Profile by Robert Galvin, the author of Football's Greatest Heroes, the official book of the National Football Museum Hall of Fame:
Ian Wright became an instant idol at Highbury on the strength of his showmanship, competitive spark and finishing ability. A hat-trick on his League debut was a portentous start: six years later Arsenal had a new record goalscorer.
‘Ian had all the qualities you want from a striker: lightning pace, sharp reflexes, courage, and an eye for goal,' George Graham, the Arsenal manager, said.
Graham considered Wright indispensable to the team that reached four major Cup finals in three seasons. ‘No successful Arsenal side had ever been so dependent on one man,' he wrote. In a last hurrah at Highbury, in the early years of the Arsene Wenger era, Wright helped the club win the Premiership title in 1997-98.
‘He was one of the top-dozen strikers I've ever seen', Graham wrote, describing him as an instinctive finisher in the mould of Jimmy Greaves and Denis Law. ‘Just like them, he's a natural.'
Wright had something else in common with Law: a fiery temperament that fuelled his competitive zeal – and occasionally boiled over. Arsenal fans loved him for that, too.
Following his £2.5 million transfer from Crystal Palace in 1991 Wright finished the season as the leading goalscorer in Division One, with a total of 29 goals. Two years later he scored in 12 consecutive games, an Arsenal record, between September 15 and November 23, 1994.
Wright played in two FA Cup Finals, both of which went to a replay, scoring four times. His two goals for Crystal Palace against Manchester United in 1990 took the game to a replay, which Palace lost. He also netted in both games as Arsenal defeated Sheffield Wednesday in 1993.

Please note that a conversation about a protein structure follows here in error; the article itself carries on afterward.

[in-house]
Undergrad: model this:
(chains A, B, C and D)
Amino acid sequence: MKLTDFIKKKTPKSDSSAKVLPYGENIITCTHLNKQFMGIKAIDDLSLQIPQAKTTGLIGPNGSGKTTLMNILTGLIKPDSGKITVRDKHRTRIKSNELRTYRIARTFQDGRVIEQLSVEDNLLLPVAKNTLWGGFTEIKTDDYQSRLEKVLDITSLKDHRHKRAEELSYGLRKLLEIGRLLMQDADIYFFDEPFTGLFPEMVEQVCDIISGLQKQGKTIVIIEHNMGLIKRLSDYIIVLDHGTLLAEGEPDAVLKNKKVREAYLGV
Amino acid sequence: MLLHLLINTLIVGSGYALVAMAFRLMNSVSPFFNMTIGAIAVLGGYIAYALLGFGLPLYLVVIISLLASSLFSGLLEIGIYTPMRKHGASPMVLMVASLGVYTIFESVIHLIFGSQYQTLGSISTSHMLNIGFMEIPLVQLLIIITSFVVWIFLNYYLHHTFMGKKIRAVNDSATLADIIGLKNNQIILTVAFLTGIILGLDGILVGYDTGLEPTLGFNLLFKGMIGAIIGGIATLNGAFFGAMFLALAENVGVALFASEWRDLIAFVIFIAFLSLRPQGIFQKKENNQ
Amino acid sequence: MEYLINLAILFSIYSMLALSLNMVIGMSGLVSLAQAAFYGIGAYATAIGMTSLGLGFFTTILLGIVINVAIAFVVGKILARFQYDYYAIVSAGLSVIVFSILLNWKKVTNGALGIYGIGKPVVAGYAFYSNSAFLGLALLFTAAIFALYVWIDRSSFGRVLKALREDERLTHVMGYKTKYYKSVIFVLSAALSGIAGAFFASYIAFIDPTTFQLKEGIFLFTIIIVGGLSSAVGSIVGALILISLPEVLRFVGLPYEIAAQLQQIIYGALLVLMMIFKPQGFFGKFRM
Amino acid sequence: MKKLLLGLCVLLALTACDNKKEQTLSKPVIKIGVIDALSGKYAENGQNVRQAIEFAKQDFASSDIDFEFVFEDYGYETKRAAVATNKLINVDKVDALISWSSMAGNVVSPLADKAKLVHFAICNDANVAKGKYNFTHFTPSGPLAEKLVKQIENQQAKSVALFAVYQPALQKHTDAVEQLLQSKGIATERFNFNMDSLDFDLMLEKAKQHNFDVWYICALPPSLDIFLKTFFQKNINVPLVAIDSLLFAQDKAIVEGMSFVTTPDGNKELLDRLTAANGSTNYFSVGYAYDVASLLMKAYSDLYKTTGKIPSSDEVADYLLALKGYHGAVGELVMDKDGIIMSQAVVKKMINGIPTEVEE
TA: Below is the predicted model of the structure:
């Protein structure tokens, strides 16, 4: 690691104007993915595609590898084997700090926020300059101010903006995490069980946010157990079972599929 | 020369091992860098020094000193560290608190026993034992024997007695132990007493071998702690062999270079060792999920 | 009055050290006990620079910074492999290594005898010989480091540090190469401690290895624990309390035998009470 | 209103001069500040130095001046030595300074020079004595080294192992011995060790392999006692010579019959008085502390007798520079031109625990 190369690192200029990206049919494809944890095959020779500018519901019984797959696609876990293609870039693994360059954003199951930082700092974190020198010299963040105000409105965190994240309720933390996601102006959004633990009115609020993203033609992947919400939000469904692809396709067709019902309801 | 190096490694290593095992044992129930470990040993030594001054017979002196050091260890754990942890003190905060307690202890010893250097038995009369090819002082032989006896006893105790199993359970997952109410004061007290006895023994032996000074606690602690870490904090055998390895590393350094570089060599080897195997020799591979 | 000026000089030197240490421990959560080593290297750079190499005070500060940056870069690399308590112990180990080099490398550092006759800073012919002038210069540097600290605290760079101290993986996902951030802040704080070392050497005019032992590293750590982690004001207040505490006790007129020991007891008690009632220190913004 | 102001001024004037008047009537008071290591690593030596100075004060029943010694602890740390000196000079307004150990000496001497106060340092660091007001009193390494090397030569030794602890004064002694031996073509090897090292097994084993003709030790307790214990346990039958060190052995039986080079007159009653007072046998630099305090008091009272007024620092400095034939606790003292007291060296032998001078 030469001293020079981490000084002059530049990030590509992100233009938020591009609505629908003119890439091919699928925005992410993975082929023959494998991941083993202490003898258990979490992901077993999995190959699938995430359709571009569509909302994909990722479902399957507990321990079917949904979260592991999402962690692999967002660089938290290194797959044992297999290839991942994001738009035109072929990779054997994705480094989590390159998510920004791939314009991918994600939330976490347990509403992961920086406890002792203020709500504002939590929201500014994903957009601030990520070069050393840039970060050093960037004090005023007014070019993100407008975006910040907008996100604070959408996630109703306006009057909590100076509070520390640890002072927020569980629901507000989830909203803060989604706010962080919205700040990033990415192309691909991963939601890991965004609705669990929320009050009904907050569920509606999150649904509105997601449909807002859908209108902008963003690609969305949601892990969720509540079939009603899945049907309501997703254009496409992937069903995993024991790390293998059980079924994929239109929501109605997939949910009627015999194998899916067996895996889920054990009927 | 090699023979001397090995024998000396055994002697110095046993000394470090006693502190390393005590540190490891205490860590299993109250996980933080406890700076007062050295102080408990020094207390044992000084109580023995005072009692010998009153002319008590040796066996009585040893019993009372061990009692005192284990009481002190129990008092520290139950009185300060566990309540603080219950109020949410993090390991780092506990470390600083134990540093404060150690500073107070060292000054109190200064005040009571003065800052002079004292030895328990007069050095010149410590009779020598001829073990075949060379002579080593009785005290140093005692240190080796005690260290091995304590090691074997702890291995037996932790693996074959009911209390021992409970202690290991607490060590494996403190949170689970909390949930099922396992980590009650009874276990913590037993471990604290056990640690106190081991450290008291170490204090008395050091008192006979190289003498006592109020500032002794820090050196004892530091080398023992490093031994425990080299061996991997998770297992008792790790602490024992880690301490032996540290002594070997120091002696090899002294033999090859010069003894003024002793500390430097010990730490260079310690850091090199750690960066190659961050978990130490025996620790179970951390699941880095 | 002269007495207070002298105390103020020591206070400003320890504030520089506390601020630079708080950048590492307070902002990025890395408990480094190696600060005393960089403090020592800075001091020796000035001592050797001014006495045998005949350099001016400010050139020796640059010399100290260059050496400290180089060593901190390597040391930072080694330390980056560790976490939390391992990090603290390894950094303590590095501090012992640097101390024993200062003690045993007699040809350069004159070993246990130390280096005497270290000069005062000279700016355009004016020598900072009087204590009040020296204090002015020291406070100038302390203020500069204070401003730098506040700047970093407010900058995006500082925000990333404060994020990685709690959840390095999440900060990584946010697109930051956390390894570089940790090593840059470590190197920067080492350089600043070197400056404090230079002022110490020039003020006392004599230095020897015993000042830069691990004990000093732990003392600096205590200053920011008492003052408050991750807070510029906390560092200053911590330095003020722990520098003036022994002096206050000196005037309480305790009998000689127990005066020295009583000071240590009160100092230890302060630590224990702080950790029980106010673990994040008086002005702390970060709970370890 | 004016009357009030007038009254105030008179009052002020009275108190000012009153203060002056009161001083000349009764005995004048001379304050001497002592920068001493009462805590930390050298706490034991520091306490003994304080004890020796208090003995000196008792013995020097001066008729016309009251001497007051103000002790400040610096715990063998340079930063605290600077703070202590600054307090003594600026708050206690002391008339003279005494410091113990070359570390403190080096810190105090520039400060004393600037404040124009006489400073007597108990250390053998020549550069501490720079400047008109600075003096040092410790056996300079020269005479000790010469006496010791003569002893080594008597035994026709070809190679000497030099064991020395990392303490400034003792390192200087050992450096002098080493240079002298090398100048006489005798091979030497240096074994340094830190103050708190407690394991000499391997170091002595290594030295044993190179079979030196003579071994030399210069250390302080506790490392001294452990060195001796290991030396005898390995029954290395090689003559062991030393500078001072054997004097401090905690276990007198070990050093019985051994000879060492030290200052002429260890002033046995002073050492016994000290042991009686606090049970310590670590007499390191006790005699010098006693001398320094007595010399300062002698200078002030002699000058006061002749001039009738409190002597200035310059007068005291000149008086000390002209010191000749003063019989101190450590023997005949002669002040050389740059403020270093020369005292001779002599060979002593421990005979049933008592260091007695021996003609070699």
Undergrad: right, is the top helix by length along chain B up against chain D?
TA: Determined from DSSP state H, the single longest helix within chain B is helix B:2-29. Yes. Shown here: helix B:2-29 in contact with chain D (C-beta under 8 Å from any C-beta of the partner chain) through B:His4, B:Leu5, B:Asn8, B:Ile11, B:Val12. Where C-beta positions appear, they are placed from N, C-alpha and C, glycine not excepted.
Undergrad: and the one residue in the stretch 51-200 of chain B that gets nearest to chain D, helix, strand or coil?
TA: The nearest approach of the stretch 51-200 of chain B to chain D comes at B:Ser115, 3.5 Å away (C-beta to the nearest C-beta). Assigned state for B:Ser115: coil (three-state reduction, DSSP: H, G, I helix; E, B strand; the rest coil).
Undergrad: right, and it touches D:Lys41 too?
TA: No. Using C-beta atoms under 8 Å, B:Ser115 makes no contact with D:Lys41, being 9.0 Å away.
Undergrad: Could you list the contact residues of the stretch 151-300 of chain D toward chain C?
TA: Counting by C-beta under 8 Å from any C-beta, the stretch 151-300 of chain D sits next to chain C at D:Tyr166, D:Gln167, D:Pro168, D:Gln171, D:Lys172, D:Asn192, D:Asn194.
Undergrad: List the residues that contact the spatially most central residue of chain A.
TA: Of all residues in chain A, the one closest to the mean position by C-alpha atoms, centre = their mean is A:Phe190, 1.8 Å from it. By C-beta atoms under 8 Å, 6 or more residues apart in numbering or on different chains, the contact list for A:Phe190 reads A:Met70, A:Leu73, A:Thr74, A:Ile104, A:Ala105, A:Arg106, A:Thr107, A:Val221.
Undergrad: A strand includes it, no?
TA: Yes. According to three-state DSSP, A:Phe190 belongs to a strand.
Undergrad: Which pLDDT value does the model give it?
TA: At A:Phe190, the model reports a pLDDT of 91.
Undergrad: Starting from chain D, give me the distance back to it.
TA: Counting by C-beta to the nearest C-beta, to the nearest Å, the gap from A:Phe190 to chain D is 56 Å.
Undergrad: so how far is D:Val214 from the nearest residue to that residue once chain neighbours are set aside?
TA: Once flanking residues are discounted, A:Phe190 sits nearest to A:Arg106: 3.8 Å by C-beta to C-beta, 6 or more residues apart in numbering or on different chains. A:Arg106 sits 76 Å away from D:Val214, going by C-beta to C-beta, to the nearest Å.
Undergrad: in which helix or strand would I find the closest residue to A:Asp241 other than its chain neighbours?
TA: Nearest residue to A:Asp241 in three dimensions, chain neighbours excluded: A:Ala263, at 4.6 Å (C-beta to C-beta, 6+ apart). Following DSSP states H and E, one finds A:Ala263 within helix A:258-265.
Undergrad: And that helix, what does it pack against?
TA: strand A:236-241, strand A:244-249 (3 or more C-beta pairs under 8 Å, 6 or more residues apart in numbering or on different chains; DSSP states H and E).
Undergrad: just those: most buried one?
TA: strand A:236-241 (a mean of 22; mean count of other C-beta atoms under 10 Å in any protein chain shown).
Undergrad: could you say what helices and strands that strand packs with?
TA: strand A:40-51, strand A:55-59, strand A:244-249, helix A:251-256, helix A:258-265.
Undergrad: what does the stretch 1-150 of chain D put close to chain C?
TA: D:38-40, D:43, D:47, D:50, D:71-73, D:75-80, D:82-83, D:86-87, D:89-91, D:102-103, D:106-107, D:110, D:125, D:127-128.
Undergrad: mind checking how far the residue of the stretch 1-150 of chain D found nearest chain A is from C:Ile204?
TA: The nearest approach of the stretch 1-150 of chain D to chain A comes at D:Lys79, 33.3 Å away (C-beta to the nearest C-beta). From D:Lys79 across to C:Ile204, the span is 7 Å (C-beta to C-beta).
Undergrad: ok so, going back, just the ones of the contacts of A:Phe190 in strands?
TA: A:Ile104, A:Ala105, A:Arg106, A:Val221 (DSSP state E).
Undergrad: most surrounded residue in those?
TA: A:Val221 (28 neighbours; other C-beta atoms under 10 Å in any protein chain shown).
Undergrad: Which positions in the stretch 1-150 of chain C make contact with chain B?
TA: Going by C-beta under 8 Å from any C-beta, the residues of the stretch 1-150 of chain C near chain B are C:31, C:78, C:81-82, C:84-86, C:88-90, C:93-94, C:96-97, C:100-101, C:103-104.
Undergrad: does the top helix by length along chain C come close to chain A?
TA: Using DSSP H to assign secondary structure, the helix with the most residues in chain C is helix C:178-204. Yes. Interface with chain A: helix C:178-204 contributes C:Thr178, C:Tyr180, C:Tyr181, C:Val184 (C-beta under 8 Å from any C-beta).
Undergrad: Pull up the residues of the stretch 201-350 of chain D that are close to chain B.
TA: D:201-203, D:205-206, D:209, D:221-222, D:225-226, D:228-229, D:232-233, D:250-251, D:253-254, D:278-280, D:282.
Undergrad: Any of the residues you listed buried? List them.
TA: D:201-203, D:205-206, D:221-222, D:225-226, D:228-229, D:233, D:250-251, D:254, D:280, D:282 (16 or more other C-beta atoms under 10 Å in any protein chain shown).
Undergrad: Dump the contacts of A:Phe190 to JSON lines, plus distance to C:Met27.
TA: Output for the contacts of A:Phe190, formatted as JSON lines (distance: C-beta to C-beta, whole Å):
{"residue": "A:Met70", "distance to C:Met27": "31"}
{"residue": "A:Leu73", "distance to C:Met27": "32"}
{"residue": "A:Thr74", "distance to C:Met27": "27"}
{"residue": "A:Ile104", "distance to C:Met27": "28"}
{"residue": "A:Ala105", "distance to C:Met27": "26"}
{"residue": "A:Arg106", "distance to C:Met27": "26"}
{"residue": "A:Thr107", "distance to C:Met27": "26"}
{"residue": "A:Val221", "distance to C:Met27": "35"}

In European competition, Wright experienced mixed fortunes. In 1993-94, he missed Arsenal's victory over Parma in the final of the European Cup-winners' Cup because of suspension. The following season he scored in every round of the competition up to the final, only for Arsenal to lose against Real Zaragoza.
Wright was already 21 years of age before he made his breakthrough into full-time professional football. He would make up for lost time in spectacular fashion.
Wright had been working as a plasterer when Crystal Palace invited him for a two-week trial in 1985. After three days Steve Coppell, the Palace manager, offered him a three-month contract on £100 a week.
‘On his first day at Selhurst Park, Ian told me that he wanted to play for England, which was quite a bold statement for someone who had just walked in off a building site,' Steve Coppell, the Palace manager, recalled.
Less than five years later Wright fulfilled his ambition, winning the first of his 27 caps for England, scoring seven goals. In his six seasons at Palace, Wright scored 90 League goals in 225 appearances, helping the club to promotion from the Second Division in 1988-89.
n his first 79 games for Arsenal, Wright scored 56 goals. Within two years of his arrival, he became the quickest player to register 100 goals for the Gunners, beating the record set by Ted Drake six decades earlier. In total, he scored a club-record 185 goals for Arsenal, before moving on to West Ham United.